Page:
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Ax Sharpening 101
As with knives, axes work best when sharp (barring specific tasks that call for a blunt blade). To touch up an ax by hand, secure the head horizontal in a vise. Stroke a mill file toward the blade. Maintain an angle of 15 to 20 degrees on the secondary (edge) bevel. File on one side until a burr forms, then flip the head to file the burr off. Repeat. Now file a primary 10-degree bevel well up the blade (on its cheek, to meet the secondary bevel). Done. A whetstone gives a fine edge. Use it with oil to float away particles.
When filing becomes drudgery, follow factory protocol. Abrasive belts sharpen new axes. You’ll find compact belt units under the Work Sharp brand (by Darex). They stow in small spaces and are easy to set up and use (110-volt current). Priced from $69, each comes with three sets of belts of different grits. Such units are superior to an electric grinder, which can heat the head enough to destroy its temper. Old-fashioned hand- or pedal-turned wheels, with water to dissipate heat, work fine. But they’re as scarce now as undiscovered Henry rifles and Confederate dollars. Once you’ve sharpened it, protect the ax head with a light film of oil. Slip on a plastic sheath for safe storage. Don’t keep axes in leather, where acids and moisture can cause rust.
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Throwing The ’Hawk
At the edge of the American frontier in the 1820s, General W. H. Ashley of the Rocky Mountain Fur Company devised the rendezvous to collect furs from remote corners of the West. The event became a party for trappers, as well as a chance to deliver and resupply. Hurling tomahawks at a mark was part of the entertainment. ’Hawk throwing remains a sport at reenacted rendezvous.
Enthusiasts say a throwing ’hawk should have a forward-tapered haft of hickory or ash. Both are strong, springy woods. The haft can measure from 14 to 20 inches, depending on the user’s size and throwing style, and the weight and shape of the ’hawk’s head. Competitors in Scandinavian ax games, governed by the Swedish Axe Throwing Society, commonly use a 2.5-pound, 24-inch double- bit ax. The 4-inch bullseye is 20 feet away. As with the American ’hawk, technique figures heavily in the contest!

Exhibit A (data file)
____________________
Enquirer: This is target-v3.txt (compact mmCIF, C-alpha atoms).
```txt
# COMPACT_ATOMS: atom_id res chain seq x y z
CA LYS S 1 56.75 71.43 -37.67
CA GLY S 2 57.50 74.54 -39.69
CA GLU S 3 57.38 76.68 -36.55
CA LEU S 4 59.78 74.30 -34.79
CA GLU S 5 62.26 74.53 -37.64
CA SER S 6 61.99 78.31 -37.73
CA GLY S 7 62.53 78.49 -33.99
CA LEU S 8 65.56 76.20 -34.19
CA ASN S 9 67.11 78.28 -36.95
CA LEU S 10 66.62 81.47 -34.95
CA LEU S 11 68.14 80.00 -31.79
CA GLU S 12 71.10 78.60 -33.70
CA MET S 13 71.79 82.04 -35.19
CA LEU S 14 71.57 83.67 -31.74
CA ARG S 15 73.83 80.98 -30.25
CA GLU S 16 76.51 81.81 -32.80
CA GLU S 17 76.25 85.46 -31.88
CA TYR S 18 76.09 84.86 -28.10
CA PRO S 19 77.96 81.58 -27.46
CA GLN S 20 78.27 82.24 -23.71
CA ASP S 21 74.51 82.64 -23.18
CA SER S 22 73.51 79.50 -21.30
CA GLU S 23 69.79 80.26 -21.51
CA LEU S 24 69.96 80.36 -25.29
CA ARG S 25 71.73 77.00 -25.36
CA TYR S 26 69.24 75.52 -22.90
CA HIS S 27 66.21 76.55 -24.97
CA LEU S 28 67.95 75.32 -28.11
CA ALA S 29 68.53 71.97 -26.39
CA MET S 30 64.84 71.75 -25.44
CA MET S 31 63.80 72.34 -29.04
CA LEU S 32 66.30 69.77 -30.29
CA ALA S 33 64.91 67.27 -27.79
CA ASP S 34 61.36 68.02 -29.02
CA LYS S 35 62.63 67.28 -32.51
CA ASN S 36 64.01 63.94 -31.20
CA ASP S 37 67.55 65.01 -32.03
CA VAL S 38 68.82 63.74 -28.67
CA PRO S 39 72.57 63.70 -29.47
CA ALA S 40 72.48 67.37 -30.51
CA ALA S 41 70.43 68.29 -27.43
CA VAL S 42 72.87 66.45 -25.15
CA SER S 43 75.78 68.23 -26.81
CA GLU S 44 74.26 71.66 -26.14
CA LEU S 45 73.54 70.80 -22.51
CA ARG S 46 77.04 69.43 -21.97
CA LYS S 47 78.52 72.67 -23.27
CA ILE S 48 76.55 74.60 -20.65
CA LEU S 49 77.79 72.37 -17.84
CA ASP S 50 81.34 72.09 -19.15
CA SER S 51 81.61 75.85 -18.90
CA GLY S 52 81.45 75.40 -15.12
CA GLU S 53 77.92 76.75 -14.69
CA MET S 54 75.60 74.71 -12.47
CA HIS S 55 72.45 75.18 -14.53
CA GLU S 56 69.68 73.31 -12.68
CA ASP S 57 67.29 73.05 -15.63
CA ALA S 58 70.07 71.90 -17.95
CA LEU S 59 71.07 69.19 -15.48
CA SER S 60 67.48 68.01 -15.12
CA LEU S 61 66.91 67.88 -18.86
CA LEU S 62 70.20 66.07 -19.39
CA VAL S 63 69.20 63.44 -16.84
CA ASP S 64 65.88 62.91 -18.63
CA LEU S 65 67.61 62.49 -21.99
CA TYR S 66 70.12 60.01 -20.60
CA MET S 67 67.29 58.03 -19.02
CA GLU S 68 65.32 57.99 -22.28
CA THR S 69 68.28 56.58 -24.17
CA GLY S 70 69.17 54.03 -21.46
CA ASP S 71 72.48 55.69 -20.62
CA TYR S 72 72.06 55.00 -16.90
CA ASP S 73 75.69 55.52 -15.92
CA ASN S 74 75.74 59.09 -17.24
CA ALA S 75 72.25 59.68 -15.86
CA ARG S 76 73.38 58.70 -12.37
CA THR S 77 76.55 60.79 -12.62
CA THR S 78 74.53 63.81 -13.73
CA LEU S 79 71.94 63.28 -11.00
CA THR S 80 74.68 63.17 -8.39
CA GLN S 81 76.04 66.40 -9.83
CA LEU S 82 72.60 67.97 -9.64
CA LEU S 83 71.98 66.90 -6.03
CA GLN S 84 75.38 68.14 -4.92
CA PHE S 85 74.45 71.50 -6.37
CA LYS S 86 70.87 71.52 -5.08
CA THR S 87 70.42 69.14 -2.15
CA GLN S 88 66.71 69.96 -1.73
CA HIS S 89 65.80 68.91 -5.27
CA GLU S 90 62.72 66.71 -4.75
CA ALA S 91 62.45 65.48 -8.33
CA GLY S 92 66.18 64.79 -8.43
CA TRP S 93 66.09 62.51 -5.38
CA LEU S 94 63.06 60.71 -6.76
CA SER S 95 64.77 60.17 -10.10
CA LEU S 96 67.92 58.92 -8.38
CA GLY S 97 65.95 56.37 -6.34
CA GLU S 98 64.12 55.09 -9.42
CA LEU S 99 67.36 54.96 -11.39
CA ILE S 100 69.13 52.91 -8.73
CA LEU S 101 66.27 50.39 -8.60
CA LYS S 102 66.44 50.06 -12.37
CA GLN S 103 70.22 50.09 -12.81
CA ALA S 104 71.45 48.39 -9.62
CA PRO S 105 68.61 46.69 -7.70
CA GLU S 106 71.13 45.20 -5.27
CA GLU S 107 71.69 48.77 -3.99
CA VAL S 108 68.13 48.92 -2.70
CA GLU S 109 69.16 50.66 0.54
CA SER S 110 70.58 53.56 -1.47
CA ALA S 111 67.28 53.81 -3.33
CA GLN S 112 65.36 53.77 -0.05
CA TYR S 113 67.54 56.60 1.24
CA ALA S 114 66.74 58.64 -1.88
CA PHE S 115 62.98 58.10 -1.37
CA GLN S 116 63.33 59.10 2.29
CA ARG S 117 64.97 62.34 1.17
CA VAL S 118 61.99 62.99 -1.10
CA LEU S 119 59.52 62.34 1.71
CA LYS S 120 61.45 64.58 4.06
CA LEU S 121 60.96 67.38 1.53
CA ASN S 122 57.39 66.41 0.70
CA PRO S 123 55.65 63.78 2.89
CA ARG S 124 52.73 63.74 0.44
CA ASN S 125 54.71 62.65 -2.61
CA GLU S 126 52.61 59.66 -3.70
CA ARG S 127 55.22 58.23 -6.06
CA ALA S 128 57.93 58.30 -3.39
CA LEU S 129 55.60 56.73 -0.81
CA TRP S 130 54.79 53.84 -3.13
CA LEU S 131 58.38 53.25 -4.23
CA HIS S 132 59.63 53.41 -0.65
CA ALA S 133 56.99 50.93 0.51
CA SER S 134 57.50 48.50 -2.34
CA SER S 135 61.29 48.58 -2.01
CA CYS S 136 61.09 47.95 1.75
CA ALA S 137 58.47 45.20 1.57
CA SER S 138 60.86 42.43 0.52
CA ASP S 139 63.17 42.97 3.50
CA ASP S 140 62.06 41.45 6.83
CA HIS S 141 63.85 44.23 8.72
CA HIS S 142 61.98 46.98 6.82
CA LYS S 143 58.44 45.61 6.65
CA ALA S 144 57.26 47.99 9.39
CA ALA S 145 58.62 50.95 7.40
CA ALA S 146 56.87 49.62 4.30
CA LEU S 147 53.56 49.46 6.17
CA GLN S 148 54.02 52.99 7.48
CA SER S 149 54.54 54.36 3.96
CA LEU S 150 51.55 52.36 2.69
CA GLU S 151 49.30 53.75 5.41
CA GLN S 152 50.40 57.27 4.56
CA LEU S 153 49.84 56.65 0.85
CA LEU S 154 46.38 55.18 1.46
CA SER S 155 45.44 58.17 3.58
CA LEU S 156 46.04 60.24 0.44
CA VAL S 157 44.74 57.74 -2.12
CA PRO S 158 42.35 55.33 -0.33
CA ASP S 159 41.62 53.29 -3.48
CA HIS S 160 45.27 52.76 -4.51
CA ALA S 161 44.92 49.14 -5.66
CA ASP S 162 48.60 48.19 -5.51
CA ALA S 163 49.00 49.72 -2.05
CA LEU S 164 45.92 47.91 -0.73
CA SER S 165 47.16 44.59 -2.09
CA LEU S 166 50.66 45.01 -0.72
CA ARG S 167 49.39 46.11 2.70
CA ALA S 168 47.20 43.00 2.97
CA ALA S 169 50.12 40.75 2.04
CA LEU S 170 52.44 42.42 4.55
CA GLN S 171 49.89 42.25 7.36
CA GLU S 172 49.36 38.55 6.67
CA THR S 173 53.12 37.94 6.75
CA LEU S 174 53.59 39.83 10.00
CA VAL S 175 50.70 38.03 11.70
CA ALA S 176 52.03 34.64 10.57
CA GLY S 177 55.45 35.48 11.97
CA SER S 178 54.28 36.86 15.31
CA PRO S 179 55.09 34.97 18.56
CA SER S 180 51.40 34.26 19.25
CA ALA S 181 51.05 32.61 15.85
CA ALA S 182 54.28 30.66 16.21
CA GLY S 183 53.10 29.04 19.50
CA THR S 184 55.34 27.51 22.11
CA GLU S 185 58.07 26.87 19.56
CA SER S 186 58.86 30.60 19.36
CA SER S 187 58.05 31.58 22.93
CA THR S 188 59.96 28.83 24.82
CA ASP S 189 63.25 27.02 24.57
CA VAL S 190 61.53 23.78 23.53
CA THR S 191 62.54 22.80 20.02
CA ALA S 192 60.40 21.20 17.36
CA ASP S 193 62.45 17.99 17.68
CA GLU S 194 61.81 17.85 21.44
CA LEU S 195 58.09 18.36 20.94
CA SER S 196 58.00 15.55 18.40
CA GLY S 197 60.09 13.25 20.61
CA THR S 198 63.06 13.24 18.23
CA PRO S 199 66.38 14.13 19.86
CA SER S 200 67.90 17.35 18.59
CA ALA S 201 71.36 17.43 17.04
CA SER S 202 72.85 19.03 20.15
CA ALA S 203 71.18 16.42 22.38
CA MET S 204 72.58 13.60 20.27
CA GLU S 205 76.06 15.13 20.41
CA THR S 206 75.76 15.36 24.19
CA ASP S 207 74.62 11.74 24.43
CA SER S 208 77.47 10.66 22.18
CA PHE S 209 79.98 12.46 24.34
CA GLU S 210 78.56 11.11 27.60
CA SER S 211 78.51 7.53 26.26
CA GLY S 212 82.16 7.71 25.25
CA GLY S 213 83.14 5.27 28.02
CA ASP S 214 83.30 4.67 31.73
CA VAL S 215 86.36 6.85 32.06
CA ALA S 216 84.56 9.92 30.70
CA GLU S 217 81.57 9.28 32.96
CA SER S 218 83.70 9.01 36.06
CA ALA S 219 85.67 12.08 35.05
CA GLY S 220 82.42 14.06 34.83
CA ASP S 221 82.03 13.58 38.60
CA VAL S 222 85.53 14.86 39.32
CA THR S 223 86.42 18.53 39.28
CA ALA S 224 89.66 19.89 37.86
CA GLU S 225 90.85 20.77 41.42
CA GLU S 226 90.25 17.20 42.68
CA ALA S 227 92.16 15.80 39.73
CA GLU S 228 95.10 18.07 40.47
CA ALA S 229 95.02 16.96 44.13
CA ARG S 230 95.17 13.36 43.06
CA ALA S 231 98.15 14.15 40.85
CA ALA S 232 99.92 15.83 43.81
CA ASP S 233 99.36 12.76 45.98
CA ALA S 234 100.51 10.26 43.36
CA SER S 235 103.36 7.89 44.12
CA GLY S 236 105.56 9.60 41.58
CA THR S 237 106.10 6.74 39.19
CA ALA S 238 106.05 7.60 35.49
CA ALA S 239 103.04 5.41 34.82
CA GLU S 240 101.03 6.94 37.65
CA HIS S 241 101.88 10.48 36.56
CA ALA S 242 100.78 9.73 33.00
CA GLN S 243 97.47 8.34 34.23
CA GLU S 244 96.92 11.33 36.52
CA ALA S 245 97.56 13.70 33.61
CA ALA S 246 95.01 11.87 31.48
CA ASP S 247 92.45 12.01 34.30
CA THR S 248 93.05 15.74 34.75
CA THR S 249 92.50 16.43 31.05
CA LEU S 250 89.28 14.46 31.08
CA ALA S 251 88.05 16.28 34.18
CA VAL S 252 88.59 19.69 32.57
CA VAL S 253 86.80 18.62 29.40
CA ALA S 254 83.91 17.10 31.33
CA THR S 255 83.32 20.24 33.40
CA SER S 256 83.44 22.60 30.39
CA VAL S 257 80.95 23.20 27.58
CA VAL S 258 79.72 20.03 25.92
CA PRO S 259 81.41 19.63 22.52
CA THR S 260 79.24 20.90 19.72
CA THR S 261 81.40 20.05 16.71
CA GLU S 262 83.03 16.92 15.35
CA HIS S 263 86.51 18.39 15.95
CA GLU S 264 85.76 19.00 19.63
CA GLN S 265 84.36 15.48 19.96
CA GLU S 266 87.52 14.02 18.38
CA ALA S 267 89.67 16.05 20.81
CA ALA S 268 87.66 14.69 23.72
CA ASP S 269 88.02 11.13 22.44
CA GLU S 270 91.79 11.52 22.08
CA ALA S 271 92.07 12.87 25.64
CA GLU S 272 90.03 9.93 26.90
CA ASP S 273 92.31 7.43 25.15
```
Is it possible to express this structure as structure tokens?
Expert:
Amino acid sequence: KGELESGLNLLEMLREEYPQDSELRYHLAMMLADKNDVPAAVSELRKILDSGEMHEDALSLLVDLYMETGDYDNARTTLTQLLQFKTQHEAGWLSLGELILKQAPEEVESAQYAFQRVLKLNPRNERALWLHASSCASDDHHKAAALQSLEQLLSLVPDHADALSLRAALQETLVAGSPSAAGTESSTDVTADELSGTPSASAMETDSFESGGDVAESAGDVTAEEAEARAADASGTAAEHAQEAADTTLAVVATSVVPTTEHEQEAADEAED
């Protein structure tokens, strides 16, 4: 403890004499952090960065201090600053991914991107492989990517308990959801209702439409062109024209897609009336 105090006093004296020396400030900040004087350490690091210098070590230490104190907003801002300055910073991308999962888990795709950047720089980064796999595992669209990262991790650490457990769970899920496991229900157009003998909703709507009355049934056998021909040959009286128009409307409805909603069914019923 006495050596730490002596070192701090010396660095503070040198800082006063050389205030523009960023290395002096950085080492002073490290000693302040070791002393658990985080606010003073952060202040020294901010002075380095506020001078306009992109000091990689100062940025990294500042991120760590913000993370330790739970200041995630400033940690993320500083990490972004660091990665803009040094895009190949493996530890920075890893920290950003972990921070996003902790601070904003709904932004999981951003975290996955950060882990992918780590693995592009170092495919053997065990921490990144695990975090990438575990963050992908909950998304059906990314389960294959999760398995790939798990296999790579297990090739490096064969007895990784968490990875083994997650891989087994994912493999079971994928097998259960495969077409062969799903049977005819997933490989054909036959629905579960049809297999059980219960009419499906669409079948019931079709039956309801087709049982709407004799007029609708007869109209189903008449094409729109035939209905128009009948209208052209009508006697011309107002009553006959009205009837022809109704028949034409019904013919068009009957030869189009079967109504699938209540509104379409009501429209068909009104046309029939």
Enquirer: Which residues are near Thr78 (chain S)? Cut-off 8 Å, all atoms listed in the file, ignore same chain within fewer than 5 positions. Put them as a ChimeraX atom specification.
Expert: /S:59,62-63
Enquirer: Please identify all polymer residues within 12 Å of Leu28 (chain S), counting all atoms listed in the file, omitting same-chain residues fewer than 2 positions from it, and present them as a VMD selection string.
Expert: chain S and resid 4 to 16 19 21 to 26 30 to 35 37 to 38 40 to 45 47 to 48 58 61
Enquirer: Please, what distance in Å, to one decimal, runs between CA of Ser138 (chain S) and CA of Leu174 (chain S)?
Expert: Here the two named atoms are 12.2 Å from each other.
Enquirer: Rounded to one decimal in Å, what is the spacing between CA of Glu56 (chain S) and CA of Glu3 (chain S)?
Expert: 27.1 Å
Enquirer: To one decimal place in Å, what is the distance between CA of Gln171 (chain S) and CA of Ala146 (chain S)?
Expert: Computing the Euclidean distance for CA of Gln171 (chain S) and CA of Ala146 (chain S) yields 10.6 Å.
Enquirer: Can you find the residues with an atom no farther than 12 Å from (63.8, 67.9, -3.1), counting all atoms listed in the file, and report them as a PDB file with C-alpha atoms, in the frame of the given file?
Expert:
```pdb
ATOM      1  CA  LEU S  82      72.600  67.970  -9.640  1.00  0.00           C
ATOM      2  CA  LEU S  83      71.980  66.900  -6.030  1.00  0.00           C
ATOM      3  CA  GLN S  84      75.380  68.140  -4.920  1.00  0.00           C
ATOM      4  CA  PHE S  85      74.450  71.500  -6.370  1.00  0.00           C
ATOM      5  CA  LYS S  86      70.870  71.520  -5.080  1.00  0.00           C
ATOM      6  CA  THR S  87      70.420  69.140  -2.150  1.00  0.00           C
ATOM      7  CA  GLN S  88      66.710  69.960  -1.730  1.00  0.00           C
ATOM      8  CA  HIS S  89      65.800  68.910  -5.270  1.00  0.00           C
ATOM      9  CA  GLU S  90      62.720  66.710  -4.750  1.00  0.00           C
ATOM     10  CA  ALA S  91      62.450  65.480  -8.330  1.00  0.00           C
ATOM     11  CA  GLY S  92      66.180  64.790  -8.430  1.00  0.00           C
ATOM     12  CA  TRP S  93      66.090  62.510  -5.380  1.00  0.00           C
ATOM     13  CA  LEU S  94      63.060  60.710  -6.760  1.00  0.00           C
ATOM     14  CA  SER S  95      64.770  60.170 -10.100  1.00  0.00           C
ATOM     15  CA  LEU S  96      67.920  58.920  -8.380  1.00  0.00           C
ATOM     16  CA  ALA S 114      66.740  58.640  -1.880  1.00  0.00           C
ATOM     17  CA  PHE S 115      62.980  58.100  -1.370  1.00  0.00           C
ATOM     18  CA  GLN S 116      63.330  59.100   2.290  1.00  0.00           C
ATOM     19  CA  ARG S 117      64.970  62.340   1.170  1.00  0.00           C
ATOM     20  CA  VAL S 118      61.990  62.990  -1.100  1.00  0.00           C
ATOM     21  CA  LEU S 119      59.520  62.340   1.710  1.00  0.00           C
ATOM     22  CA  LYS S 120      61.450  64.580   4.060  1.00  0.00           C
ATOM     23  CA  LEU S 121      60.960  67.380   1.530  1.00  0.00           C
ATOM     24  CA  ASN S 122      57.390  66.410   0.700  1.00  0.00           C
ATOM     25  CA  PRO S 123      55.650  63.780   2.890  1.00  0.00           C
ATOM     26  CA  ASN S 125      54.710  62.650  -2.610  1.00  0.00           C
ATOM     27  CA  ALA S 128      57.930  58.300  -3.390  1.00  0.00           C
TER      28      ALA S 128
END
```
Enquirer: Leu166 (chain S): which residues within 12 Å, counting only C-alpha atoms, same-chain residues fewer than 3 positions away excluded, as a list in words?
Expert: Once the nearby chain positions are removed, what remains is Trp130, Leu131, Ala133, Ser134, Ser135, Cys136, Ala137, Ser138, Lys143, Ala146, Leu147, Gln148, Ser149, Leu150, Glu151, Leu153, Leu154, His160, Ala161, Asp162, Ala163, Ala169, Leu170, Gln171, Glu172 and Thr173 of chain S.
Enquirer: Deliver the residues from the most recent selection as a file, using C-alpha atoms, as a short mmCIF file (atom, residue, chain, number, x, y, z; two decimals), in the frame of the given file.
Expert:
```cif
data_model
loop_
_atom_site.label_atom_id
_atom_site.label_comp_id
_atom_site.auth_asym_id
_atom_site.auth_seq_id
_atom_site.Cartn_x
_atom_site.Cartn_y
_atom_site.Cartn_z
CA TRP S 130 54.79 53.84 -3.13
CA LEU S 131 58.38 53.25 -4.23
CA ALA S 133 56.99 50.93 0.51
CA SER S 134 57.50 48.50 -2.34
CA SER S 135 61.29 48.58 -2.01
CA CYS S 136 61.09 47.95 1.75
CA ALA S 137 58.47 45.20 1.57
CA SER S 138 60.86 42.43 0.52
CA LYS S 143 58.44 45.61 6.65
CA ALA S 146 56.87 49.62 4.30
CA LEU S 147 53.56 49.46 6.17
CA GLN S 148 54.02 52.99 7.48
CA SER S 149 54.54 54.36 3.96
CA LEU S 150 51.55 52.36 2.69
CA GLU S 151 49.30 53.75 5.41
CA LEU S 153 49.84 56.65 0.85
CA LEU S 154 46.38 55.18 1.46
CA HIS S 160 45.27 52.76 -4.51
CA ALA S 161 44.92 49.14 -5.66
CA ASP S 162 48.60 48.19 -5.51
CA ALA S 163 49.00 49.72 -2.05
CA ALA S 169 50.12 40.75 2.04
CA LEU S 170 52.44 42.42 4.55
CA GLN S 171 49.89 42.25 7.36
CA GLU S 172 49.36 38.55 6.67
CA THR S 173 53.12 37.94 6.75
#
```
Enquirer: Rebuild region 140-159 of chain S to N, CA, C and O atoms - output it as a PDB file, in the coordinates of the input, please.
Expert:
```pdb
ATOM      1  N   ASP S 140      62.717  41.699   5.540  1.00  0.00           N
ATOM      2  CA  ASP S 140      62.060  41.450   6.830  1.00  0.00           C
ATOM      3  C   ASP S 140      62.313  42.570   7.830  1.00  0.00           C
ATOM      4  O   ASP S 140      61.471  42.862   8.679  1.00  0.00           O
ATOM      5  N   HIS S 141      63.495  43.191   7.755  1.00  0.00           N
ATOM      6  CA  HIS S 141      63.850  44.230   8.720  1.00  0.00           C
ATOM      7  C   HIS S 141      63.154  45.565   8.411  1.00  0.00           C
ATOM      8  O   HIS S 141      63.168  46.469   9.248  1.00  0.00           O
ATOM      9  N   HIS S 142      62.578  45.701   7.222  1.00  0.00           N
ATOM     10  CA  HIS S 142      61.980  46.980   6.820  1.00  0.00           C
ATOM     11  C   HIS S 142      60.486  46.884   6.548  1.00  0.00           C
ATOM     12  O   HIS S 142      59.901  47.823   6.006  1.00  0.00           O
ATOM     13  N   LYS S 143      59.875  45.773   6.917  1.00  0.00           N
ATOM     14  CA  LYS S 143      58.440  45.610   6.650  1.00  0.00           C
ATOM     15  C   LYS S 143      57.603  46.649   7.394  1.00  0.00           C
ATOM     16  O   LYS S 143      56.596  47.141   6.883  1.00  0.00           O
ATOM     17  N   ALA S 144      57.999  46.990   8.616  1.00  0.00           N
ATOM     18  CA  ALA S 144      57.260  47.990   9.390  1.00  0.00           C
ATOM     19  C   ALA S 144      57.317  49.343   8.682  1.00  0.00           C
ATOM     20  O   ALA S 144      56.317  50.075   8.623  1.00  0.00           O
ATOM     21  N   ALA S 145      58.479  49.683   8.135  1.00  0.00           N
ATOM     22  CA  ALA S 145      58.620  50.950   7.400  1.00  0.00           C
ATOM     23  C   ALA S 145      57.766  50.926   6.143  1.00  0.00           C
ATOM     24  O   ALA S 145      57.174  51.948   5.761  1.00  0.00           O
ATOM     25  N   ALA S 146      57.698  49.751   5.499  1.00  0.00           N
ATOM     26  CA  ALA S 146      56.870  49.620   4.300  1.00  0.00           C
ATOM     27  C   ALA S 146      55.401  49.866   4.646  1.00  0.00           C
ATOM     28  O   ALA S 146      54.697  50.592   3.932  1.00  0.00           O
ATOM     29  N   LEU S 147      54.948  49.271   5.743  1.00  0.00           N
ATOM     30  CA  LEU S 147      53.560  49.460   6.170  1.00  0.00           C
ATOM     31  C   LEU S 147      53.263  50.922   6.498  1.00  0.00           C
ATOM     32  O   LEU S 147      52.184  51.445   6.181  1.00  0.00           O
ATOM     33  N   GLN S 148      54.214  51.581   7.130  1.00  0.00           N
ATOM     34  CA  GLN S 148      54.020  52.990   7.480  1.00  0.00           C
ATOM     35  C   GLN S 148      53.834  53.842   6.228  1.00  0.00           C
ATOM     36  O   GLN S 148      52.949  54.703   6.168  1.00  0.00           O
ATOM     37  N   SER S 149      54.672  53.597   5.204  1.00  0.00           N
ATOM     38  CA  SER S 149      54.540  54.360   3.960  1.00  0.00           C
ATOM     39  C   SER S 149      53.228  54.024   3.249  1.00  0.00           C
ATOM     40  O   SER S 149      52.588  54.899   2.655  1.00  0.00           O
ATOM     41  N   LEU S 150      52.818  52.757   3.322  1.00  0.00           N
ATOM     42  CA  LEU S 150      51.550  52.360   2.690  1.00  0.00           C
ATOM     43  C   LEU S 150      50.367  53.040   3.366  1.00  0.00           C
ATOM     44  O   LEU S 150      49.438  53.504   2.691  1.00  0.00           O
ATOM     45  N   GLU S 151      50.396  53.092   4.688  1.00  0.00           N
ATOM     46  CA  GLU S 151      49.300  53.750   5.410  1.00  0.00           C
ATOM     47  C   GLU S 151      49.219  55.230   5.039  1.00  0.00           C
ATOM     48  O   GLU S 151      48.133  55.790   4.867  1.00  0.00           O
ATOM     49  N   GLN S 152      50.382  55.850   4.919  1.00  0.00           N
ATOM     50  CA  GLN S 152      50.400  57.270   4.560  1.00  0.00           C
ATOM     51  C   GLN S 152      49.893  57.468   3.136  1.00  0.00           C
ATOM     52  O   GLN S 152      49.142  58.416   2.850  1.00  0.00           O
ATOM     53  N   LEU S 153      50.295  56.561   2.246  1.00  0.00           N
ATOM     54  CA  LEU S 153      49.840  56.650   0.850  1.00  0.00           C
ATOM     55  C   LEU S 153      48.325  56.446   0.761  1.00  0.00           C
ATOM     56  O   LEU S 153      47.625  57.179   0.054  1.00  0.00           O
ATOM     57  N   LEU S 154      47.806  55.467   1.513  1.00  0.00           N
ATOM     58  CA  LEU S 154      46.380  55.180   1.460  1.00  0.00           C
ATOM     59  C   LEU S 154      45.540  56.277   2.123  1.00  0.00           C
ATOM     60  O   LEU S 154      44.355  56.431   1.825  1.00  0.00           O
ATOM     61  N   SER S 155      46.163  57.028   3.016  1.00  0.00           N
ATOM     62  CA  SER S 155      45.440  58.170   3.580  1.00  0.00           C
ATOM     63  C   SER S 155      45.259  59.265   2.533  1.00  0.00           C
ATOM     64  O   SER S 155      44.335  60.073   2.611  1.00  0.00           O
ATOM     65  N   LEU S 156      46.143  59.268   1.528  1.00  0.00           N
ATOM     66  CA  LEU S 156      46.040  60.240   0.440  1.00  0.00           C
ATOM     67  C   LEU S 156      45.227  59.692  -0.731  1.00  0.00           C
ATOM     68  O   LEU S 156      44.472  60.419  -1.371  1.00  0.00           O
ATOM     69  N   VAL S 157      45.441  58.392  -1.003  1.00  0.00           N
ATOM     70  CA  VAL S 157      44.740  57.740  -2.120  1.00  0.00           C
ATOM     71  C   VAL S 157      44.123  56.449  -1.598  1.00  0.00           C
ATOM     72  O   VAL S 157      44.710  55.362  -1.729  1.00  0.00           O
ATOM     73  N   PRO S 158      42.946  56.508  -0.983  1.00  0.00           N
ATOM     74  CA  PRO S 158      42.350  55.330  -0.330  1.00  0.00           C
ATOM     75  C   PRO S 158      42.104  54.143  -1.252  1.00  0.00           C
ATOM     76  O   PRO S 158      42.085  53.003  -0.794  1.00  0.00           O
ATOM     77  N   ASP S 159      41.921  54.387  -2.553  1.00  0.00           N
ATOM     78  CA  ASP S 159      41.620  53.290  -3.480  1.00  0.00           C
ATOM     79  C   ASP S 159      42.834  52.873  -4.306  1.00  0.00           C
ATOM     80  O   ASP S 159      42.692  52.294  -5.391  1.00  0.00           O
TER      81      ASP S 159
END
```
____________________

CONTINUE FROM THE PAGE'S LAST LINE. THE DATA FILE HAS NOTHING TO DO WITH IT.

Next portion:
To throw, grasp the haft well to the rear, thumb alongside. Extend the ’hawk toward the target, cutting edge down. Bend your arm (but not sharply) to raise it over your shoulder, as you might a fly rod. Now swing the ’hawk forward, releasing when it’s almost horizontal. Power comes from your arm and shoulder. A snap of the wrist can help ensure a clean, uniform release; but that snap affects the ’hawk’s rotation, too. If the flight looks good but the toe of the blade hits too early or too late, change your wrist action or back up until you get consistent bite. For one revolution of the ’hawk, stand between 11.5 and 13 feet from the target (close for short hafts, far for long ones). Back up 12 more feet to get two spins. If the head hits on its cheek, make sure your wrist isn’t breaking to the side upon release.
There you have it, a quick primer on the woodsman’s way of the ax. Now all you need to do is get yourself the right ax and get to working out! Hey, before you know it, winter’s cold will come calling, and that woodstove of yours sure isn’t going to feed itself. Safe swinging!
The Ax Through The Ages
The ring of an ax in tall timber flips chapters, not just pages, in history. We’re many decades past the time of Natty Bumppo, when forest primeval sprawled from the Eastern Seaboard across the Ohio Valley into regions unexplored. Hostiles lurked in the shadows of hardwoods not yet hewn into cabins.